The above title came to mind after watching a recent “Ask Pastor John” installment over at Desiring God regarding the question, “Does John Piper hate Fun?" Apparently, some people believe he does indeed hate “fun.” And the question, in general, peeked my interest since “fun” is often advertized as a key component in many children’s and youth ministry resources. In looking over our stated mission, vision, philosophy, and distinctions of our children’s and youth resources, I noticed that the word “fun” is completely absent. So, one might ask, “Is CDG opposed to children and youth having fun in the classroom? Are our resources written in a manner that is meant to squash fun?” Well, we are not opposed to fun per say, but we more concerned about pursuing something much more satisfying and lasting. There’s something our children need more than fun—serious joy! In pursuing serious joy, “fun” may be a by-product—especially in the younger grades—but it is merely a foretaste meant to point our students to serious joy. Please listen to or read Pastor John’s response to “Does John Piper Hate Fun?” Here is a portion of his answer that I think we would do well to apply in age-appropriate ways our Sunday school classrooms:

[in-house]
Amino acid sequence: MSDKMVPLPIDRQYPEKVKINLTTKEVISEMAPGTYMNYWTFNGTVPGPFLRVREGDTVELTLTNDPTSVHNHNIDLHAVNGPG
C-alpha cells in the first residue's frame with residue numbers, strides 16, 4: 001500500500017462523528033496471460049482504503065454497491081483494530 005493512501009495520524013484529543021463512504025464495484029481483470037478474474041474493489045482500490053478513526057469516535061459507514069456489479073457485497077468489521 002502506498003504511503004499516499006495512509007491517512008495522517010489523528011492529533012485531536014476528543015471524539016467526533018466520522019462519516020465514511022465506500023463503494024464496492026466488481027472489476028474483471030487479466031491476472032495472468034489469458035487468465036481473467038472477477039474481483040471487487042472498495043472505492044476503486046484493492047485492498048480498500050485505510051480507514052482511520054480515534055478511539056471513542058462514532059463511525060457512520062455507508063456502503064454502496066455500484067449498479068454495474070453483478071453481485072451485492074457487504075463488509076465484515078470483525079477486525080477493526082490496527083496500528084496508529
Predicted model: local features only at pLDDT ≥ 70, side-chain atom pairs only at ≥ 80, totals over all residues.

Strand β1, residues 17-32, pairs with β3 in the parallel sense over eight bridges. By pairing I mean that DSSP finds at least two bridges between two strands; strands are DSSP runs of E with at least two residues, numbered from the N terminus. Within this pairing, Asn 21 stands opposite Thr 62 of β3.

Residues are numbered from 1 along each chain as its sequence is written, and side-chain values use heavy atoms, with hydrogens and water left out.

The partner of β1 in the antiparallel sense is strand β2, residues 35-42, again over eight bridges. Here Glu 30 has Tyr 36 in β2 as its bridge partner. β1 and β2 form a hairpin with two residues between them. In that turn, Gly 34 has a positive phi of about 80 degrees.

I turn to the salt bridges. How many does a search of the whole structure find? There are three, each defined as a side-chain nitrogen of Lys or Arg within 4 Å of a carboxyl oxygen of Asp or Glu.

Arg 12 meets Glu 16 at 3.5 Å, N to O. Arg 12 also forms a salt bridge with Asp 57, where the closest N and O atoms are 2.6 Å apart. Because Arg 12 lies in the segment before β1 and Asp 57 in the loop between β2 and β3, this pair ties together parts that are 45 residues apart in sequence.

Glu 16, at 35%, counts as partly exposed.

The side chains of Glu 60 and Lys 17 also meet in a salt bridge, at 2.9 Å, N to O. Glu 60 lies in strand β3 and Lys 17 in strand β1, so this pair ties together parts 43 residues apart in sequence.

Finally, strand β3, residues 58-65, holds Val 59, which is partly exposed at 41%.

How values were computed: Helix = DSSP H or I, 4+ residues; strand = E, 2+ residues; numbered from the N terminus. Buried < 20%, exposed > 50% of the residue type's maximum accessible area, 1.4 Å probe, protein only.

We are all, myself included, infected with the vocabulary of entertainment, the vocabulary of amusement—infected. “Having fun.” “Having a blast.” This is where we are at home. We are at home with entertainment. This is our default vocabulary resource. This is our native air. The vocabulary of earnestness and gravity and depth and weightiness and substance, these are foreign. They make us feel awkward. They are not natural to us. And that is my lament. It is not about words. We have borrowed the language of entertainment to describe sacred, weighty, serious, holy joys. And the best thing we can say to being an ambassador of the King of kings is, “It is a blast.” I regard that as tragic—and not just a vocabulary tragedy, but a spirit tragedy, a life tragedy, a huge loss in the church and in life.
…If anyone thinks that I want ministers to become boring or somber or gloomy or melancholy, let me close like this: Unbroken seriousness of a melodramatic or somber kind will inevitably communicate a sickness of soul to the great mass of people, and rightly so…The real battle in life is to be as happy in God as we can be, and that takes a very special kind of earnestness…
So, my lament is not a lament about the word fun. It is a lament about the loss of the capacity to feel and express the fun of cotton candy and roller coasters at the fair with our kids and the tear-stained joy of soul-saving ministry in the service of a crucified, triumphant King. There is a difference, brothers. There is a difference. And it would be a good thing to use words that help people feel the difference.
(by John Piper, © Desiring God Foundation, desiringGod.org)